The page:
Nebraska Memories – Collections of the Omaha Public Library – New Brandeis Theatre Building
Cinema Treasures: Brandeis Theater

More about Donna Montran from Genealogy Bank

Miss Donna Montran
Boston Journal
December 12, 1916
Page – 4 

As I mentioned before there are 20 items in the Genealogy Bank regarding “Donna Montran.” After her, now famous, airplane ride she applied to represent Boston at  New York’s Crystal Palace Preparedness Bazaar.  It is amazing that in those days, the newspapers printed the names and addresses of all the applicants.  Imagine what would happen today if a newspaper published the home addresses of 49 contestants for a beauty contest. Wow.  Anyway, thanks to the policies of the time, we now know that in December if 1916, Donna was living at 64 Bennett in Brighton (Boston), MA. The house at that address today was built in 1920, so we don’t know what 64 Bennett was like back in 1916.  It is interesting to note that there were two Holdsworth girls who also applied to represent Boston.  Holdsworth was the name of one of Donna’s mother’s husbands — I wonder if there is a relationship.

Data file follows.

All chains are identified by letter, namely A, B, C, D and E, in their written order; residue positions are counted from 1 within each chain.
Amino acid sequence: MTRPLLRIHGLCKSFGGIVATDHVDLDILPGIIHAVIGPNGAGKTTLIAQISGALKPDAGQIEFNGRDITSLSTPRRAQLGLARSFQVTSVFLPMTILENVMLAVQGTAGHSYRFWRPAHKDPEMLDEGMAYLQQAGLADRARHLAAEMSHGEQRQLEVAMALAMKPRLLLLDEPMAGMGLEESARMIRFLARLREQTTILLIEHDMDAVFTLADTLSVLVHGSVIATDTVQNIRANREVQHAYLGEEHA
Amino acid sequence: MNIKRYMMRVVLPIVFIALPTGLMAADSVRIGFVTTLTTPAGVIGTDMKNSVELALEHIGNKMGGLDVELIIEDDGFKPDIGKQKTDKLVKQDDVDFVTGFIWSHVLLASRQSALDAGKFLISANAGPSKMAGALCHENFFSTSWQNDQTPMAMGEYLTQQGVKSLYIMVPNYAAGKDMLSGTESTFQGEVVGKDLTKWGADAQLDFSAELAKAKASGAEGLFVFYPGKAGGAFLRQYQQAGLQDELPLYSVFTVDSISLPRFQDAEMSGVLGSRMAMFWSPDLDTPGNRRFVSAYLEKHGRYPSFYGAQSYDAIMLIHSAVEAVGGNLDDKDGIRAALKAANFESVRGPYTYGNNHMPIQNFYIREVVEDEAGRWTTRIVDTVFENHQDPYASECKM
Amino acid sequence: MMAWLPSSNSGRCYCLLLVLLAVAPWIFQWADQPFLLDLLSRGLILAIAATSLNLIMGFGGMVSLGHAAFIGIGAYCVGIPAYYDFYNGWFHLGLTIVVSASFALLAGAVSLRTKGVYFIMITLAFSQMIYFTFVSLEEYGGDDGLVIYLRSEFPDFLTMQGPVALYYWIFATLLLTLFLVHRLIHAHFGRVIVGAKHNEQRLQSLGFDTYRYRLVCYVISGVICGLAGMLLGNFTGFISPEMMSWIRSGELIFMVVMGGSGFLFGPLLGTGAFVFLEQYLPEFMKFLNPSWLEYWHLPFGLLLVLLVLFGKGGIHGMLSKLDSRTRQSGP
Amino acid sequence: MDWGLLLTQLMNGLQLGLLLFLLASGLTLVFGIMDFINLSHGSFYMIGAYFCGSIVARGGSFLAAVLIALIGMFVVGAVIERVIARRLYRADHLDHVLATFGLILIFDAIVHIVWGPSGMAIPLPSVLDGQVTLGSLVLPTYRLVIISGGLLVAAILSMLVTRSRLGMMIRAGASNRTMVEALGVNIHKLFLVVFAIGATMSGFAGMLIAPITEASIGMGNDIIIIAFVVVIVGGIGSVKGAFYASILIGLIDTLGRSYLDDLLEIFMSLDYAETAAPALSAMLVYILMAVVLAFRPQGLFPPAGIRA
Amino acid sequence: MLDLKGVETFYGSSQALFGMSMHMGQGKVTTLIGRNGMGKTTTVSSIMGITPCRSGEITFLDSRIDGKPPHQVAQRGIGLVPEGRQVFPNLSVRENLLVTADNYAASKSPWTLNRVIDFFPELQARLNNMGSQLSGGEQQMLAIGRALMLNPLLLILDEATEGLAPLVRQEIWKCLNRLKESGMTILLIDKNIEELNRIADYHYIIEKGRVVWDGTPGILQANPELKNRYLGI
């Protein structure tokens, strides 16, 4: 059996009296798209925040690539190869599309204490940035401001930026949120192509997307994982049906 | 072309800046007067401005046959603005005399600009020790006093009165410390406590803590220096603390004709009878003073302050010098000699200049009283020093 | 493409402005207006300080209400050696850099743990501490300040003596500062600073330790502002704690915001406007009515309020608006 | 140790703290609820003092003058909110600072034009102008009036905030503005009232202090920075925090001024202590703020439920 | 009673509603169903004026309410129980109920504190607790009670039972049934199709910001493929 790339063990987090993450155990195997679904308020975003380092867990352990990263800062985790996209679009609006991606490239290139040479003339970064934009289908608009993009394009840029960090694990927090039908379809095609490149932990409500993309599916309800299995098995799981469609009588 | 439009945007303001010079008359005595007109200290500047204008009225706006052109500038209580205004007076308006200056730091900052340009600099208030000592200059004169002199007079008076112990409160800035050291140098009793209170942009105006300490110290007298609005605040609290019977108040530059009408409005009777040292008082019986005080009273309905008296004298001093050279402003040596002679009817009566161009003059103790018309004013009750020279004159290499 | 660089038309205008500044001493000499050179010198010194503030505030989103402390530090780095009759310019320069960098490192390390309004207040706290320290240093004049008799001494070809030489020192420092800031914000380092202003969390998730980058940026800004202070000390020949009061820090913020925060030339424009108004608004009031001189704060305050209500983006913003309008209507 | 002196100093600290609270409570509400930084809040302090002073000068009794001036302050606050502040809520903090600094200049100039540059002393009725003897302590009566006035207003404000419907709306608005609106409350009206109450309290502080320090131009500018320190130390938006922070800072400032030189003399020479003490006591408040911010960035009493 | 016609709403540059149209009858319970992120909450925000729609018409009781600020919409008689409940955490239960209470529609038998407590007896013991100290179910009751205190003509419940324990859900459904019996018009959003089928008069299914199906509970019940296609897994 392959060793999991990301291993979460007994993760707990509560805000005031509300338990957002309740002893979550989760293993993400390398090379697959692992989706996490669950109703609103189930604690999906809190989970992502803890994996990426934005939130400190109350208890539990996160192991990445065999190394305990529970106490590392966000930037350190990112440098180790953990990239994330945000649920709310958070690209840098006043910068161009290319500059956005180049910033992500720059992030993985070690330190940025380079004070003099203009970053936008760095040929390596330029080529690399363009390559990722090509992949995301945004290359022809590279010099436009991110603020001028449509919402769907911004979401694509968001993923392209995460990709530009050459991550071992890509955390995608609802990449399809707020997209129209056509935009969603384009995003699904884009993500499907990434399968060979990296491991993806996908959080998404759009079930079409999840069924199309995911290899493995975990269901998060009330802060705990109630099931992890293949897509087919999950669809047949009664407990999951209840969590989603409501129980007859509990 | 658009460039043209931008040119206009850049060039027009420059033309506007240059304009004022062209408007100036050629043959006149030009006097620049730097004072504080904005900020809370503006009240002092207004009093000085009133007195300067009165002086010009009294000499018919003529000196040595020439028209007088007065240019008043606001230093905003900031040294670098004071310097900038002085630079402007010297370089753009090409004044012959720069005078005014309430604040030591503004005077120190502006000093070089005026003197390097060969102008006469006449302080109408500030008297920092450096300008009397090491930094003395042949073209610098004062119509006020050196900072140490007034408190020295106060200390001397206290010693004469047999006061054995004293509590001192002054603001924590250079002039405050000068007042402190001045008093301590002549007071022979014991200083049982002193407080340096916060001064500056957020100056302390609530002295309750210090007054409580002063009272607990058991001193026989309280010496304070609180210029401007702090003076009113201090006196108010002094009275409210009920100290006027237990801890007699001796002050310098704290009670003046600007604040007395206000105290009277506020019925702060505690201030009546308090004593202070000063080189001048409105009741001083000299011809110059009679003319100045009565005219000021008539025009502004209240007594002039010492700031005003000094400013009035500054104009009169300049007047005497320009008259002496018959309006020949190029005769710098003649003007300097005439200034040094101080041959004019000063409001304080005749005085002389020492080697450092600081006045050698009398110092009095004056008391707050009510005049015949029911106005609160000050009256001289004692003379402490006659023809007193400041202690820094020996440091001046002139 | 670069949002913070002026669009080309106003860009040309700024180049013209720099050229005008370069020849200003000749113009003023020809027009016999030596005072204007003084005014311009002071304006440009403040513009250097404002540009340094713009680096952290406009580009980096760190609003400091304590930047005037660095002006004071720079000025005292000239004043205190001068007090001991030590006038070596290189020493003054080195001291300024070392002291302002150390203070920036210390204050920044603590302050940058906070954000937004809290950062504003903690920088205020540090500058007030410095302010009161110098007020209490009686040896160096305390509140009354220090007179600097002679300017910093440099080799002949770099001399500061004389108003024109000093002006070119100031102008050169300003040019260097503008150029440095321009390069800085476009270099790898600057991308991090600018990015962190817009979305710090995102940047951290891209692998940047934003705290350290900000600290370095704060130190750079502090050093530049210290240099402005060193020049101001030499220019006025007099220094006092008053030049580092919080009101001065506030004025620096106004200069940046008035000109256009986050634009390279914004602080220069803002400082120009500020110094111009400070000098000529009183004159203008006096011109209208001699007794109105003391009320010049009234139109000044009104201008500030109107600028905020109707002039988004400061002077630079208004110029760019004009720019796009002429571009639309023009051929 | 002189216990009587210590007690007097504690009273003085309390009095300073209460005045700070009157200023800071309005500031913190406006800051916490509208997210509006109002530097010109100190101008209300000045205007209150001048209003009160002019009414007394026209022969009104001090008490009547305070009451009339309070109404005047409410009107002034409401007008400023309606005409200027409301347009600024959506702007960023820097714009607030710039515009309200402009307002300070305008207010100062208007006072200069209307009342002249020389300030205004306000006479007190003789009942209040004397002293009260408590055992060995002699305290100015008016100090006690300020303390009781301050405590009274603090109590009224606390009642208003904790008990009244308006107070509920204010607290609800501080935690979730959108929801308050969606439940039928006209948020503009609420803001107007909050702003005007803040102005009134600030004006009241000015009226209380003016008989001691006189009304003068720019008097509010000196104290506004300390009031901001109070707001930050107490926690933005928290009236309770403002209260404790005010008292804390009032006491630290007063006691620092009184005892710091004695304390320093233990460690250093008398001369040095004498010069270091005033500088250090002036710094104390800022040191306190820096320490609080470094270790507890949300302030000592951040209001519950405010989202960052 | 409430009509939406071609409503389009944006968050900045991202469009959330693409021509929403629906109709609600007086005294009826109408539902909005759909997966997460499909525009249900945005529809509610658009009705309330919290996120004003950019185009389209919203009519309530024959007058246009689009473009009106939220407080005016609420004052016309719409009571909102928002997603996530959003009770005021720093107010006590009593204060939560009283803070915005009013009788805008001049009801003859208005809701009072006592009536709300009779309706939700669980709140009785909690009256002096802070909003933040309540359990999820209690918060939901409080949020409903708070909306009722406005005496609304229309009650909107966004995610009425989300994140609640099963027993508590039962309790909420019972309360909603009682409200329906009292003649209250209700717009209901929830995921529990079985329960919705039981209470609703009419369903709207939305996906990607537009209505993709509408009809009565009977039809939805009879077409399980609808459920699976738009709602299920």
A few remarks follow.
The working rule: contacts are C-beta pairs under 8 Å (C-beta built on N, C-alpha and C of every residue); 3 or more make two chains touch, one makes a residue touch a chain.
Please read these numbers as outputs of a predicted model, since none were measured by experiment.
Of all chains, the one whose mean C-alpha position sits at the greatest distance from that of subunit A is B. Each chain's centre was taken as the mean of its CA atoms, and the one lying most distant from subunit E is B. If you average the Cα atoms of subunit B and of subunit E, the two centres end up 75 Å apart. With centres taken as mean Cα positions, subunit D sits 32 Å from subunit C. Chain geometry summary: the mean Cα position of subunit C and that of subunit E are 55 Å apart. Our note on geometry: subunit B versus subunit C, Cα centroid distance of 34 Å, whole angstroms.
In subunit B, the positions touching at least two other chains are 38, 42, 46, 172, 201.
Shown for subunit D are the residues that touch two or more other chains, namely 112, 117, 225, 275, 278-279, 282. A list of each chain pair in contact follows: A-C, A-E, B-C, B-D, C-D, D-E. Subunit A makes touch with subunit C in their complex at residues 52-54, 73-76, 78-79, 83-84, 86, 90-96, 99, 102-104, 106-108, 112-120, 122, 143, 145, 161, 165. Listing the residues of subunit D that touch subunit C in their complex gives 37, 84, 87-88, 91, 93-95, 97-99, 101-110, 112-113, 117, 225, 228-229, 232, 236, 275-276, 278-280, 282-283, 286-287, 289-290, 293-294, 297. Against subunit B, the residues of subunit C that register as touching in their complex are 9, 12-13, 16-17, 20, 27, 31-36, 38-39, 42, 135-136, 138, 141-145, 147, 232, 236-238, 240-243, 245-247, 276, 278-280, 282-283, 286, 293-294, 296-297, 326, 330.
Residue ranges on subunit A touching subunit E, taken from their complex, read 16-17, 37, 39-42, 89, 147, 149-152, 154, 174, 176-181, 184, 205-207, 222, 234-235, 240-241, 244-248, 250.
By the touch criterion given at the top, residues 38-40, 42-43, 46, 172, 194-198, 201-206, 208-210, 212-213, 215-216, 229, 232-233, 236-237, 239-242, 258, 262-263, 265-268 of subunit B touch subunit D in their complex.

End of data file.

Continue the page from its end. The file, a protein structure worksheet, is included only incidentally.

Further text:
By the way, Preparedness Bazaar referred to actions to prepare the United States to enter into World War I, which the US Didn’t do until the following year.

Donna doesn’t show up in the Genealogy Bank papers again until 1919 when she was in the play “Chin Chin” where she played at the Pinney Theater (Demolished) in Boise, Idaho where she received accolades for her role as the “good fairy”. She continued that role at the Powers Theater in Grand Rapids, and the Saginaw Auditorium in February, 1920.
Donna played at the Garden in Baltimore in March 1921
Donna then began a run of “The California Bathing Beauties” with Donna Montran. In September and October of 1920, she played the Garden in Baltimore, the Cosmos in Washington, DC, and the Capitol Theatre in Wilkes-Barre, PA. 

In the spring of 1921 she played at the State Theater in Trenton, NJ, again at both the Cosmos in Washington, DC and the Garden in Baltimore. 
The Genealogy Bank newspaper articles added a substantial number of new and exciting details to our understanding of Donna’s life.